“Against the urgency of people dying in the streets, what in God’s name is the point of cultural studies? … At that point, I think anybody who is into cultural studies seriously as an intellectual practice, must feel, on their pulse, its ephemerality, its insubstantiality, how little it registers, how little we’ve been able to change anything or get anybody to do anything. If you don’t feel that as one tension in the work that you are doing, theory has let you off the hook.”
– Stuart Hall
We may allow Stuart Hall’s recent death to mark an opportunity for reflection on the history of the field of cultural studies, its inherited imperatives and future trajectories. Hall called for a direct engagement between the academy and the social world ‘outside’ of it, imagining cultural studies as the site of this interaction – and hence a site of both contestation and radical politics. Compared to fields such as sociology, this imperative was reflected in a methodological freedom that has been the basis of cultural studies’ flourishing and the crisis of identity which seems to continually confront it. Is this freedom a threat to cultural studies’raison d’être and character, once located in the sense of political urgency inherited from Hall, or does it now encompass a more abstract reading of the political as rhetorical and aesthetic production? Is this move away from its Marxist roots a denaturing of cultural studies, or a necessary move with the times? And what does the shift in cultural studies tell us about the shift in contemporary politics more generally?
This conference will involve a genealogical reading of the field of cultural studies, opening up to an interrogation of its contemporary orientation, aims and (anti-) methodologies. From its right to risk and experimentation to its urge to bring knowledge outside of institutions, we seek to explore cultural studies’ different iterations in order to reaffirm its contemporary relevance as both an academic field and a political force.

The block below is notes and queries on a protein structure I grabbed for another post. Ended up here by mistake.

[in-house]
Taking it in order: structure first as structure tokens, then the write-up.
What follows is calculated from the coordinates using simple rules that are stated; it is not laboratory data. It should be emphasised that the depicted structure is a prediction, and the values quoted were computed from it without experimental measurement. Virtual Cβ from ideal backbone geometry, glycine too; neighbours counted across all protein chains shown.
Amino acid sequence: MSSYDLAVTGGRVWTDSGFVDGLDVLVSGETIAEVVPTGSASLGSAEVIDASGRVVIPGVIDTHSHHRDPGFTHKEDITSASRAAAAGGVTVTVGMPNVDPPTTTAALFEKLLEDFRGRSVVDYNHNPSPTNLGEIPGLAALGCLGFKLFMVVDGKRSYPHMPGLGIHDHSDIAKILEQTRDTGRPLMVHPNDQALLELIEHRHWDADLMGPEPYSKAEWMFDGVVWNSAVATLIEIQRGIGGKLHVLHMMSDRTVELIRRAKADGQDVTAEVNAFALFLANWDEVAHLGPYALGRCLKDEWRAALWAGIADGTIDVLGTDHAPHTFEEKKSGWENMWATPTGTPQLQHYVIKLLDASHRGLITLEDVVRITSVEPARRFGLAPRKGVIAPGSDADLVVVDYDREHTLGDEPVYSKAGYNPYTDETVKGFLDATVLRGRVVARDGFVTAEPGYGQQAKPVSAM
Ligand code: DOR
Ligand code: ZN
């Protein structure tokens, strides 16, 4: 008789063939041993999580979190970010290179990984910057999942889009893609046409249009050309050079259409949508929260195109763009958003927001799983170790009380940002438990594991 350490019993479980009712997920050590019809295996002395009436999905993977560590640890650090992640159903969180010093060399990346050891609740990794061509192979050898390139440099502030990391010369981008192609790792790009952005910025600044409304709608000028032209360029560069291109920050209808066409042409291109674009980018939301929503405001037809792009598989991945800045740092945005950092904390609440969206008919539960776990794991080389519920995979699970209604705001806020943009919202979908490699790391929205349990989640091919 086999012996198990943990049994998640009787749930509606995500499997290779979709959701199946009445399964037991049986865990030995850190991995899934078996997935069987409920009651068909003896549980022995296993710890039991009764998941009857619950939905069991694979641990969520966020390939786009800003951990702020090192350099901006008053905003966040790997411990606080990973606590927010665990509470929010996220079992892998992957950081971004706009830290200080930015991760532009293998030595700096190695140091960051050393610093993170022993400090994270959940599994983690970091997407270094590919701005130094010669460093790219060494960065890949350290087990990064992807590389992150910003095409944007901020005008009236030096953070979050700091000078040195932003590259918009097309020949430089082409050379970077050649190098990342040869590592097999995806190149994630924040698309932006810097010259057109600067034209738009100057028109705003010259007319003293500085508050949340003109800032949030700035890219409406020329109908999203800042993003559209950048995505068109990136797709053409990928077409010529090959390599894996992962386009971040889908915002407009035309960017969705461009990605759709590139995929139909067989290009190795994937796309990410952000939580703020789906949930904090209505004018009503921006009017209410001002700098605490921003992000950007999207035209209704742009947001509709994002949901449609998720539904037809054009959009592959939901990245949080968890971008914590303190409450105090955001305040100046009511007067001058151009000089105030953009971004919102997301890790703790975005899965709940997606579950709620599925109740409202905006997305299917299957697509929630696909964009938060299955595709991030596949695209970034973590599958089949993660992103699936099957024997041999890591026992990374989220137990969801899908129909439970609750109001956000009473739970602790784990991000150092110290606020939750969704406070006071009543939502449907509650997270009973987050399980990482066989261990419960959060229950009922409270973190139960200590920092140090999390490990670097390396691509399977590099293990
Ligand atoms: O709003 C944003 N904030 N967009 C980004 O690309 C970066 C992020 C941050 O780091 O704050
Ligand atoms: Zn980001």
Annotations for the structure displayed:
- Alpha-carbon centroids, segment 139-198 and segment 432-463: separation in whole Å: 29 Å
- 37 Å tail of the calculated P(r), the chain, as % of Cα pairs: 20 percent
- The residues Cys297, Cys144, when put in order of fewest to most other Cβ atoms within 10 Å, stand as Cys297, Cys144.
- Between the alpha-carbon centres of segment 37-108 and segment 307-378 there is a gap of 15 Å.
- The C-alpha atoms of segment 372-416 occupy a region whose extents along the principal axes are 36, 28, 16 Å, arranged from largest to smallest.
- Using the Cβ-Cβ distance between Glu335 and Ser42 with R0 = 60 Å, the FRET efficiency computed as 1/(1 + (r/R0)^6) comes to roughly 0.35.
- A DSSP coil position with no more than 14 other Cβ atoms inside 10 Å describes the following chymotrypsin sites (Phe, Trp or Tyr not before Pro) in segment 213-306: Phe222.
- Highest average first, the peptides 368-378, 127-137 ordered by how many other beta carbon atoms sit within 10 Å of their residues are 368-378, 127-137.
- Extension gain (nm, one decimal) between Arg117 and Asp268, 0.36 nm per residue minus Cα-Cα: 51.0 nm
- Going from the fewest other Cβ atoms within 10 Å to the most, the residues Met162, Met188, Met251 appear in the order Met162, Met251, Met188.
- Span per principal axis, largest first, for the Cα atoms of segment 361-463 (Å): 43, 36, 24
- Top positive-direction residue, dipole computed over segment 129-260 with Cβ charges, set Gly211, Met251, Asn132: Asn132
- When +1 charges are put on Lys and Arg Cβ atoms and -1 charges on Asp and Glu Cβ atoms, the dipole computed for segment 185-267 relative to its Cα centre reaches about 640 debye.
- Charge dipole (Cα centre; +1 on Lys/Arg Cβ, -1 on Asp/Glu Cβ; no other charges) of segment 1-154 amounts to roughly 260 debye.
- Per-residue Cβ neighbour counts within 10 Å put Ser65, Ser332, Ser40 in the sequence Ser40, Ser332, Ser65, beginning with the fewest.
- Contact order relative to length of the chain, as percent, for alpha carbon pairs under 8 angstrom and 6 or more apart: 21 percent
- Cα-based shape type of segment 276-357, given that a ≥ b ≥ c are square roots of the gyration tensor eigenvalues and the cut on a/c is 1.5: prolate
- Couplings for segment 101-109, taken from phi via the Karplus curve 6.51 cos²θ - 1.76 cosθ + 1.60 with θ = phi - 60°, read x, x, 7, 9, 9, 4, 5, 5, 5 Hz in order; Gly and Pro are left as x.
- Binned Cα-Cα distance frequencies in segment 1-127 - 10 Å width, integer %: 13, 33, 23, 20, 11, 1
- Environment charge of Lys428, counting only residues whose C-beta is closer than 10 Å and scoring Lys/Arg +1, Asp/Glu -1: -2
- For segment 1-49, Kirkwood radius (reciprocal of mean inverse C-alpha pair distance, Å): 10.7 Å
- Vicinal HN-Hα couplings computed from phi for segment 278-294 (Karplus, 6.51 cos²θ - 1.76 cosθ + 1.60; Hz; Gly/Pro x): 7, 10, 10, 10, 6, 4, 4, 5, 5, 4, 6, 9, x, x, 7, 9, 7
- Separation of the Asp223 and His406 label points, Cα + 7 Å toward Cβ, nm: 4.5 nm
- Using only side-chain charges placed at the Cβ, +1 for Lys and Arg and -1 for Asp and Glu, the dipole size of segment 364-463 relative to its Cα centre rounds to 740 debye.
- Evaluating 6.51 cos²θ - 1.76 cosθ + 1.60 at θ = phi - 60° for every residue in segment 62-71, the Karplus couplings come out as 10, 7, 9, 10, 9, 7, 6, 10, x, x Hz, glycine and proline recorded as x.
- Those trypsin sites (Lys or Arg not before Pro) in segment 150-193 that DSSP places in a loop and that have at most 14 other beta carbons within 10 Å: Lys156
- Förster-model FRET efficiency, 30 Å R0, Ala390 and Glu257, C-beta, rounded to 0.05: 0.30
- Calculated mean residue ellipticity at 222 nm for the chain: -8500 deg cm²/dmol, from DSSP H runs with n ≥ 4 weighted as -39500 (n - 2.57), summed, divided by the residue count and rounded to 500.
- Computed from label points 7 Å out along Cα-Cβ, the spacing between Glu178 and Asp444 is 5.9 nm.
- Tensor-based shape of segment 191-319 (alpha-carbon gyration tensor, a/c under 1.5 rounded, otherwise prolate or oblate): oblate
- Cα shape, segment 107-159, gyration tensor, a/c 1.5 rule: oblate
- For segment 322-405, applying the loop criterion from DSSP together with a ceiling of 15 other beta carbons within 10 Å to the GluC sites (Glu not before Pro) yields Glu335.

** Papers are welcome from all postgraduate departments – and all those interested outside the university **
Contributions could include, but are not limited to, the following topics:
•The relation between cultural studies and sociology/science/philosophy/fine art/digital technologies
•History or historiography of cultural studies
•Cultural studies vs. critical theory (Frankfurt School)
•Cultural studies from a non-Western perspective
•Gender politics in cultural studies
•The relation between theory and practice
•Critical perspectives on methodologies and disciplinary structures
•Post-Marxism and cultural studies
•The university as site for political struggle
•Theory as ‘real abstraction’
•The interplay between art, research and politics
•Knowledge production under computation-based media technologies
DEADLINE FOR ABSTRACTS: 12th May 2014
Abstracts should be no longer than 300 words, for presentations of between 10-20 minutes. Please include a 100 word biography with your name, email address and institutional affiliation (where possible). Submissions should be sent to email@example.com. Please include the words “CFP: Urgency and Abstraction” in the subject title.
Conference at Goldsmiths, University of London
(exact date TBC)